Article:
:: GoldenEye, Tomorrow Never Dies, The World Is Not Enough. (Given that these films are the most recent, I’m lumping them together into a single capsule.) Due to legal wrangling there was a six-year gap between Licence To Kill and the next Bond film, GoldenEye. In that time Timothy Dalton decided to move on, and thus Pierce Brosnan finally took over the role, and he’s had it ever since. As far as I am concerned, he’s welcome to it until he’s too old or he simply doesn’t want it anymore. He brings to the part a blend of Dalton’s seriousness, Moore’s playfulness, Lazenby’s emotion, and Connery’s toughness. Some feel that Brosnan doesn’t have the physical gravitas to really be convincing as Bond, but I don’t agree. In fact, I think he’s getting better — his performance in TWINE was his best Bond yet. We’ll know more in a few months, when Die Another Day is released.
As for the films themselves, I’ve enjoyed all three, although each has its faults. GoldenEye is quite good, although its setup takes too long, its music (by Eric Serra) alternates between merely functional and utterly horrid, and at several points it meditates on deeper aspects of Bond’s character in a way that reminds me of the psychological baggage that has been pumped into the Batman character ever since Frank Miller’s Dark Knight series came out. The heroine, a Russian computer operator played by Izabella Scorupco, is lovely and strong; Sean Bean’s villain is excellent. His scheme, though, is a bit hard to swallow.
Tomorrow Never Dies is one of the most relentlessly paced Bond films; its emphasis is most definitely on action over plot. Bond is less a spy here than an action hero, and although the film works I’m not sure if that change is a good one. I’m of the opinion that James Bond should do more spying than heroics, but TND is chock-full of action set-pieces and the effect is generally overwhelming. Nevertheless, there is a lot to like in the film; Michelle Yeoh’s heroine could be an action-star in her own right; Jonathan Pryce’s media-mogul villain is in the best tradition of Bond-baddie-megalomania; David Arnold’s score is a tremendously fun listen. TND is not a bad film, but pedal-to-the-metal really isn’t the proper pace of a Bond film.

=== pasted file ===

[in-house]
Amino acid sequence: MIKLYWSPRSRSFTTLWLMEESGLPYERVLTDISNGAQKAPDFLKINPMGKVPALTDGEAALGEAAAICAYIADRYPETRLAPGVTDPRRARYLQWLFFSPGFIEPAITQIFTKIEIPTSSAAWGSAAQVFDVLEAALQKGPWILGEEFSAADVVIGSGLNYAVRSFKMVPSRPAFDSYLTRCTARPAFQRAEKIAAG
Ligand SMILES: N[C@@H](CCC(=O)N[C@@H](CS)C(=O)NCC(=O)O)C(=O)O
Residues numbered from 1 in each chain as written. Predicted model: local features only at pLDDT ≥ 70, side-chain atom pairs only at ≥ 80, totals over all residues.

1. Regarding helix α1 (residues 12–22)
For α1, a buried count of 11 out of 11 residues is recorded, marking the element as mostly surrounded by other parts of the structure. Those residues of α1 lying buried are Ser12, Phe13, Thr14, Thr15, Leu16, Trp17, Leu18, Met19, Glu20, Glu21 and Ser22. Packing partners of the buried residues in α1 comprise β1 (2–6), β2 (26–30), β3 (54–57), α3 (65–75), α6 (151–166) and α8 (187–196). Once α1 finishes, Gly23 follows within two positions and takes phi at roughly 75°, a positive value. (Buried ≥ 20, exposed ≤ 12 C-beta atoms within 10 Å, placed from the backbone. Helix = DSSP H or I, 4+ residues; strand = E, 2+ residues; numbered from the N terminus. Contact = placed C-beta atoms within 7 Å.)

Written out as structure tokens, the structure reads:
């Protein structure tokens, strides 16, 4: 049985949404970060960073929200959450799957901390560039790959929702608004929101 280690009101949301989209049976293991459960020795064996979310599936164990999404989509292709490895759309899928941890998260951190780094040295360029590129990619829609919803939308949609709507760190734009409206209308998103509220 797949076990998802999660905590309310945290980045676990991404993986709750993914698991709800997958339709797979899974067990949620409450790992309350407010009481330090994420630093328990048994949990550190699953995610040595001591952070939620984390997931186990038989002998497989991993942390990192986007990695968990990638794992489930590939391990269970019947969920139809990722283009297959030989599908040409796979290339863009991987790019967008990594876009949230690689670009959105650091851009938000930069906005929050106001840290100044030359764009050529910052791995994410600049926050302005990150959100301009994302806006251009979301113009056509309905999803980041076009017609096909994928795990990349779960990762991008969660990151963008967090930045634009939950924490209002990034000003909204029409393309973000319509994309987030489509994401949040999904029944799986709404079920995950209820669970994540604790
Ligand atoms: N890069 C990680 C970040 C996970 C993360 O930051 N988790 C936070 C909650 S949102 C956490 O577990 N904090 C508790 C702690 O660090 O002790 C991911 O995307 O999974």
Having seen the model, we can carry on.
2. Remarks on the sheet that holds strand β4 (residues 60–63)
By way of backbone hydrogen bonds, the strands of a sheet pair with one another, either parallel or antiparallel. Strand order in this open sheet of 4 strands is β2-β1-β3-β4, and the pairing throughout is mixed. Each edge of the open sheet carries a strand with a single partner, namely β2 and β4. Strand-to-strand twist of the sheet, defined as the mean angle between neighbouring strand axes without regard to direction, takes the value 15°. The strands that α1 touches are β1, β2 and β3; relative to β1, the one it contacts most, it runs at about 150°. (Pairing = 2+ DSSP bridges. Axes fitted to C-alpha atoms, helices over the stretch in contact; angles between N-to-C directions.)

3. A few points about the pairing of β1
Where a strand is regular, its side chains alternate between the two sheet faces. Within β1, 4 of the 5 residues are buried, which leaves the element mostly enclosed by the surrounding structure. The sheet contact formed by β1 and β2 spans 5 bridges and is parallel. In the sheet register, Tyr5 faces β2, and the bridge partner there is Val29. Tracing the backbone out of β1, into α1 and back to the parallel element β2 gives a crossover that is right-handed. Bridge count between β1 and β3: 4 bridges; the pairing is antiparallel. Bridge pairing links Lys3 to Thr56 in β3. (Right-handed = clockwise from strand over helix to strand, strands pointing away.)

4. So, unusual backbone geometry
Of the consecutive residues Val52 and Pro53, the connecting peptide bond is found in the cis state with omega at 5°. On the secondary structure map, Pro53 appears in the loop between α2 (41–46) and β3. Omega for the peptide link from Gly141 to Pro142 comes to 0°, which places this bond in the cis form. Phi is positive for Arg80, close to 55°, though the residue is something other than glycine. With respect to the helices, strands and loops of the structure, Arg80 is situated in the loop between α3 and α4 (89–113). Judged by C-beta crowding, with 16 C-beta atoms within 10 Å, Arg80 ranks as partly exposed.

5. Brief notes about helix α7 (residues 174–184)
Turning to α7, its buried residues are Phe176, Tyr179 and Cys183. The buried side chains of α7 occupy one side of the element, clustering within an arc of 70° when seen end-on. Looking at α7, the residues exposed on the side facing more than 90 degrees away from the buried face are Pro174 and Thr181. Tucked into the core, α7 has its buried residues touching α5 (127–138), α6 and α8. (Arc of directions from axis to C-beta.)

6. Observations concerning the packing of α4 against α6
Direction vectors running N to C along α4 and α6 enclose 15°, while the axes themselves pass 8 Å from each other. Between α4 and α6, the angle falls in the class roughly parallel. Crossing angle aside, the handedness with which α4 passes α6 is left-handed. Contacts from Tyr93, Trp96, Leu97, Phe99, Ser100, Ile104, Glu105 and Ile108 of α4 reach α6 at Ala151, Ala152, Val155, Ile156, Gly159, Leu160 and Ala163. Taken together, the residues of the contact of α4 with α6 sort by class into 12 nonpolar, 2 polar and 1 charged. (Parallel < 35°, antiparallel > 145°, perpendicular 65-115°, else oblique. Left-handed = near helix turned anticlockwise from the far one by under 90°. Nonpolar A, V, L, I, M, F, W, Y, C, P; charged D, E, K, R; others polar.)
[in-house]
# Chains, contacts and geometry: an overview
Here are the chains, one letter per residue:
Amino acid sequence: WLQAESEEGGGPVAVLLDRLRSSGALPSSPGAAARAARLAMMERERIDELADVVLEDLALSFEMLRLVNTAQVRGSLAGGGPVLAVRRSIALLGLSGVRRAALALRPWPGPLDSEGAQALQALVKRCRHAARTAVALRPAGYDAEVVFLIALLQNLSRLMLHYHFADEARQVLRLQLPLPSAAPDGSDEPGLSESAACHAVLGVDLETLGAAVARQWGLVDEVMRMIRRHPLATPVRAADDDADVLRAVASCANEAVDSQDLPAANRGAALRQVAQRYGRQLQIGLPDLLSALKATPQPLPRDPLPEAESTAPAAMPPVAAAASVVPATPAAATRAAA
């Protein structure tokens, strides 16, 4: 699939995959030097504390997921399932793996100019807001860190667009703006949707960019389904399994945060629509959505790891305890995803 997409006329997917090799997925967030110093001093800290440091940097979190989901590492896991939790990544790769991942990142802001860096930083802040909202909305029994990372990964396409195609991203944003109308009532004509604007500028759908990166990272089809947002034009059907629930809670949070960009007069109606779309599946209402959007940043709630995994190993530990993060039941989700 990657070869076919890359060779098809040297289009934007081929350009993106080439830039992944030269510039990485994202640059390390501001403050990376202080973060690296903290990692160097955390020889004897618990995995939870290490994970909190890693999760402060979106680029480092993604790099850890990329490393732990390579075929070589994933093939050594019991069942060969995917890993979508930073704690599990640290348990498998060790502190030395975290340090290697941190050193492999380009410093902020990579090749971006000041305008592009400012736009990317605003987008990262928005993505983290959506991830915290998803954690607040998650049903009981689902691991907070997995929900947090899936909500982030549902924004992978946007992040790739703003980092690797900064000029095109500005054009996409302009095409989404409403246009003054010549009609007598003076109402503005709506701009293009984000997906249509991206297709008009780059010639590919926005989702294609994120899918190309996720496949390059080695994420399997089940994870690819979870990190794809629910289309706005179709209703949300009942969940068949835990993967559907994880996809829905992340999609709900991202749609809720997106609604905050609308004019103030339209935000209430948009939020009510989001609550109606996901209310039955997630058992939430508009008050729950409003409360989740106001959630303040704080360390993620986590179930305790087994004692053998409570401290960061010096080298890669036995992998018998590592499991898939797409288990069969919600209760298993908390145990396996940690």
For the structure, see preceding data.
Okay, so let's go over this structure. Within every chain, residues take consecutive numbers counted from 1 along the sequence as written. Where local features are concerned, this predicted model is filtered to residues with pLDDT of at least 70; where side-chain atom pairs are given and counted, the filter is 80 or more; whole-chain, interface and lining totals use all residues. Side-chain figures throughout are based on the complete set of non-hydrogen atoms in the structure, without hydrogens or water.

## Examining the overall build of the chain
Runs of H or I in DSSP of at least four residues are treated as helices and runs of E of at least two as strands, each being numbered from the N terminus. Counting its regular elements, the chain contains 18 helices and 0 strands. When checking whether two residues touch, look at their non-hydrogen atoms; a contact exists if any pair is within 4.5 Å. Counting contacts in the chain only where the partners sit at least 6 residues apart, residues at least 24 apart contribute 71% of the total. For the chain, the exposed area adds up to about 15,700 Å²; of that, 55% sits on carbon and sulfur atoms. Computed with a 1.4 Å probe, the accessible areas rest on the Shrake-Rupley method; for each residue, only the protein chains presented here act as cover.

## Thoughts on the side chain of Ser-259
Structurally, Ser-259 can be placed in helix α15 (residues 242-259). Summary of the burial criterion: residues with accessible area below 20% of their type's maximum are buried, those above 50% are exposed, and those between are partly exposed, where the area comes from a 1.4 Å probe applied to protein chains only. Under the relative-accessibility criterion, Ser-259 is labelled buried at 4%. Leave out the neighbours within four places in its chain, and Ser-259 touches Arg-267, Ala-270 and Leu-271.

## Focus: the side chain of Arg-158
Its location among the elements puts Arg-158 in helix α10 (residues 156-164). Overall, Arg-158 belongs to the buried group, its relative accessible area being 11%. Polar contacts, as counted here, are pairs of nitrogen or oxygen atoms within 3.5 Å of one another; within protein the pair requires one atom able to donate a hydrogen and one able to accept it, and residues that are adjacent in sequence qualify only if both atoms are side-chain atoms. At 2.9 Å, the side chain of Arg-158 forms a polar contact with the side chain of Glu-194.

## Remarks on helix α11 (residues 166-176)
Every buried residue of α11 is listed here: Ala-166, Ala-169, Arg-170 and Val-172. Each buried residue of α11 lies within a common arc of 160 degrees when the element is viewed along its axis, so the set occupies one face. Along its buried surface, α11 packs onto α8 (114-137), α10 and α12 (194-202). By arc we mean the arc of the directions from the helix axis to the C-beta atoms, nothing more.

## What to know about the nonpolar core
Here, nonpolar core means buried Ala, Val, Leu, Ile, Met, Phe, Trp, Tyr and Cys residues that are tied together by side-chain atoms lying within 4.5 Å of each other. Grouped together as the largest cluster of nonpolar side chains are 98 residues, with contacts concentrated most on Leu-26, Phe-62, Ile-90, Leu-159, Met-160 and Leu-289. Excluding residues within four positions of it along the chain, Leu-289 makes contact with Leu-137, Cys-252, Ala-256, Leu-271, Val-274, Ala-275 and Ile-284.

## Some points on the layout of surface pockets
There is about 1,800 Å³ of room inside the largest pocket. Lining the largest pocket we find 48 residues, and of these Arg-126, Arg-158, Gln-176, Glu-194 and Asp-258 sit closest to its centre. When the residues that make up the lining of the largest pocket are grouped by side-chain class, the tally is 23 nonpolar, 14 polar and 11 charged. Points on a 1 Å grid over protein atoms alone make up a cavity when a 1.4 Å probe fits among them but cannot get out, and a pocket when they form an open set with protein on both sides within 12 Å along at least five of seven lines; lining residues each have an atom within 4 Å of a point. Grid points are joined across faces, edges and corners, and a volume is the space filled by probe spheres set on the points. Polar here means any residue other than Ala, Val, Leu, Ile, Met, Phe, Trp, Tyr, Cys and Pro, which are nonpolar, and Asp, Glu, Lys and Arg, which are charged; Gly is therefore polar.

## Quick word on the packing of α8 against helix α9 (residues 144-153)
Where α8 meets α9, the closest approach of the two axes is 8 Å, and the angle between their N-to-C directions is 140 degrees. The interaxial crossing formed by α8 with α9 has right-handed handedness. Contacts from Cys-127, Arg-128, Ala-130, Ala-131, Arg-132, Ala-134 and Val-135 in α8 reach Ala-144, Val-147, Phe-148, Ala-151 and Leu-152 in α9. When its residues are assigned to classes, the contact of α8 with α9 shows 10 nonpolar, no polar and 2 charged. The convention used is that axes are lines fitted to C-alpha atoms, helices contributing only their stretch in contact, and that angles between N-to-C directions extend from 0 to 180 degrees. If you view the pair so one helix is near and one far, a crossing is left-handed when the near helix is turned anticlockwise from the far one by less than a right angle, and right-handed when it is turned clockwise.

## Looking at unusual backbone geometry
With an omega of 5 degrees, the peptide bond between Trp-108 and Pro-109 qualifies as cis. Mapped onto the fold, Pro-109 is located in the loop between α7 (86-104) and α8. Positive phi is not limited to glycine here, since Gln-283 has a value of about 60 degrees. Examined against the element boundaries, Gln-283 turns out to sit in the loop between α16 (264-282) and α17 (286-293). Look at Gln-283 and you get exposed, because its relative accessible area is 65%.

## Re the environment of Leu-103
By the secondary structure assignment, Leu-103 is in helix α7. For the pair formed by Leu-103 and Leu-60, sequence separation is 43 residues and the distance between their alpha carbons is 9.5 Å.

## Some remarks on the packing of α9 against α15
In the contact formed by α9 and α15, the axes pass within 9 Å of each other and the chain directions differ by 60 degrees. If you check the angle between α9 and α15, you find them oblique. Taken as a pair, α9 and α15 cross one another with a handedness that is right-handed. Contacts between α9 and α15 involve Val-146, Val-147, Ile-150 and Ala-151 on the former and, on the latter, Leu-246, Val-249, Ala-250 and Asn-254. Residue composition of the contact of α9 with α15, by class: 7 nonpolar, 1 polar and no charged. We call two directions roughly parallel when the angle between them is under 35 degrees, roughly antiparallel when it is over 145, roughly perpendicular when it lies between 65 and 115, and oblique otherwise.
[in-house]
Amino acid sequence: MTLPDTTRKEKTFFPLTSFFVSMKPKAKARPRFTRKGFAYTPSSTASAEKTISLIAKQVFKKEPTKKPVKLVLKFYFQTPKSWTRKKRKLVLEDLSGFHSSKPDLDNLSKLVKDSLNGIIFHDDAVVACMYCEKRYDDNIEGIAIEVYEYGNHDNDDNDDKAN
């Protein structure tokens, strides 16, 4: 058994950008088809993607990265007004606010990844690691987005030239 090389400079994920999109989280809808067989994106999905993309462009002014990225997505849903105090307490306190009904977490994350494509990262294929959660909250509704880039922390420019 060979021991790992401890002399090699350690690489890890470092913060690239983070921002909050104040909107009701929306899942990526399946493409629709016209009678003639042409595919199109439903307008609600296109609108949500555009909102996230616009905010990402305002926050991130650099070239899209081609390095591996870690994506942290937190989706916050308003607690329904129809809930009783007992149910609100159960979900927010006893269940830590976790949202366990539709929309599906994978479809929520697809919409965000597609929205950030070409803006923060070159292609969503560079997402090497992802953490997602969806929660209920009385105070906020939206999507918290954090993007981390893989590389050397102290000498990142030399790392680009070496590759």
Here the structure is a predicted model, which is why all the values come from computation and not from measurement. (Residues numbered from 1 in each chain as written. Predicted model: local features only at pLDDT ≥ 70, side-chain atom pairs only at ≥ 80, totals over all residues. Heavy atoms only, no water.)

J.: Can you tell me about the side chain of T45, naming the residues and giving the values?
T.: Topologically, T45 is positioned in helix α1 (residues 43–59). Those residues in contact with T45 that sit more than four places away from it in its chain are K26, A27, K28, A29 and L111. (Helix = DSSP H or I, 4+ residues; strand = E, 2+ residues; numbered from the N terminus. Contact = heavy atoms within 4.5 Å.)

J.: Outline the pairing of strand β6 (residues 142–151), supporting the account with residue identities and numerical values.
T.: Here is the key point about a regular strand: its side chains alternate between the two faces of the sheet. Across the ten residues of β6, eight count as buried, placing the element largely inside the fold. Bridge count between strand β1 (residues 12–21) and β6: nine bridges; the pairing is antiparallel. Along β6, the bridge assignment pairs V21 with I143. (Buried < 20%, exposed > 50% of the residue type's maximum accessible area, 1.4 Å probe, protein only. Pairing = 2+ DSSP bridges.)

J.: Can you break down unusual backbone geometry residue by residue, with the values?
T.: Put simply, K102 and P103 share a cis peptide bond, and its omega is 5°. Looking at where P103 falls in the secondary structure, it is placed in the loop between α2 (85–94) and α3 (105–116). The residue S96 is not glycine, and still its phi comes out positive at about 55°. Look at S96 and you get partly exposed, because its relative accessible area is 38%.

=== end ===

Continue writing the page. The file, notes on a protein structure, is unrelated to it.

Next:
The World Is Not Enough. The title is an allusion to On Her Majesty’s Secret Service. Part of that film’s plot deals with heraldry, and “The world is not enough” turns out to be the ancestral motto of the Bond family. I found this film a mixed bag. Robert Carlyle’s villain, a terrorist who is dying from a bullet in his skull that also has rendered him impervious to pain, is one of the creepiest of Bond baddies. Sophie Marceau may be the best femme fatale of the entire series. In this film, M actually figures in the action, giving Judi Dench something to do other than tell Pierce Brosnan what to do. Desmond Llewelyn plays Q for the last time, before his role is taken over by John Cleese, a perfect bit of casting if ever I’ve seen one. “Ah, there’s the famed 007 wit,” Cleese says. “Half of it, at any rate.” (Tragically, Llewelyn himself died in a car crash shortly after the film’s release. He was 85 at the time.) The film involves more espionage than Tomorrow Never Dies, but there are also some incredibly loud and over-the-top action sequences — particularly a boat-chase on the Thames and the climax on a submarine that looks strangely like the Nautilus from 20,000 Leagues Under the Sea. The plot’s twists and turns are sometimes hard to follow, and at times Bond’s actions are unexplainable. The worst thing in the film, though, is its heroine: Denise Richards has less charisma than any other leading lady in any other Bond film, by far. From the first moment she appears — when the film tells us that she is a nuclear scientist, and her name is “Christmas Jones” — her character is completely unbelievable. The World Is Not Enough gives me the impression of a film that needed one more draft of screenplay done, and one key role re-cast entirely. (Special note: this film would be an excellent instructive example for people who don’t believe that letterboxing for home video is desirable. In the fullscreen video release, some of TWINE‘s action sequences — most notably a fight and chase in a nuclear missile silo — are all but impossible to follow. I don’t know if the film is out on Widescreen DVD, but that would be the way to see it.)
:: Die Another Day. See you this winter. View the trailer here.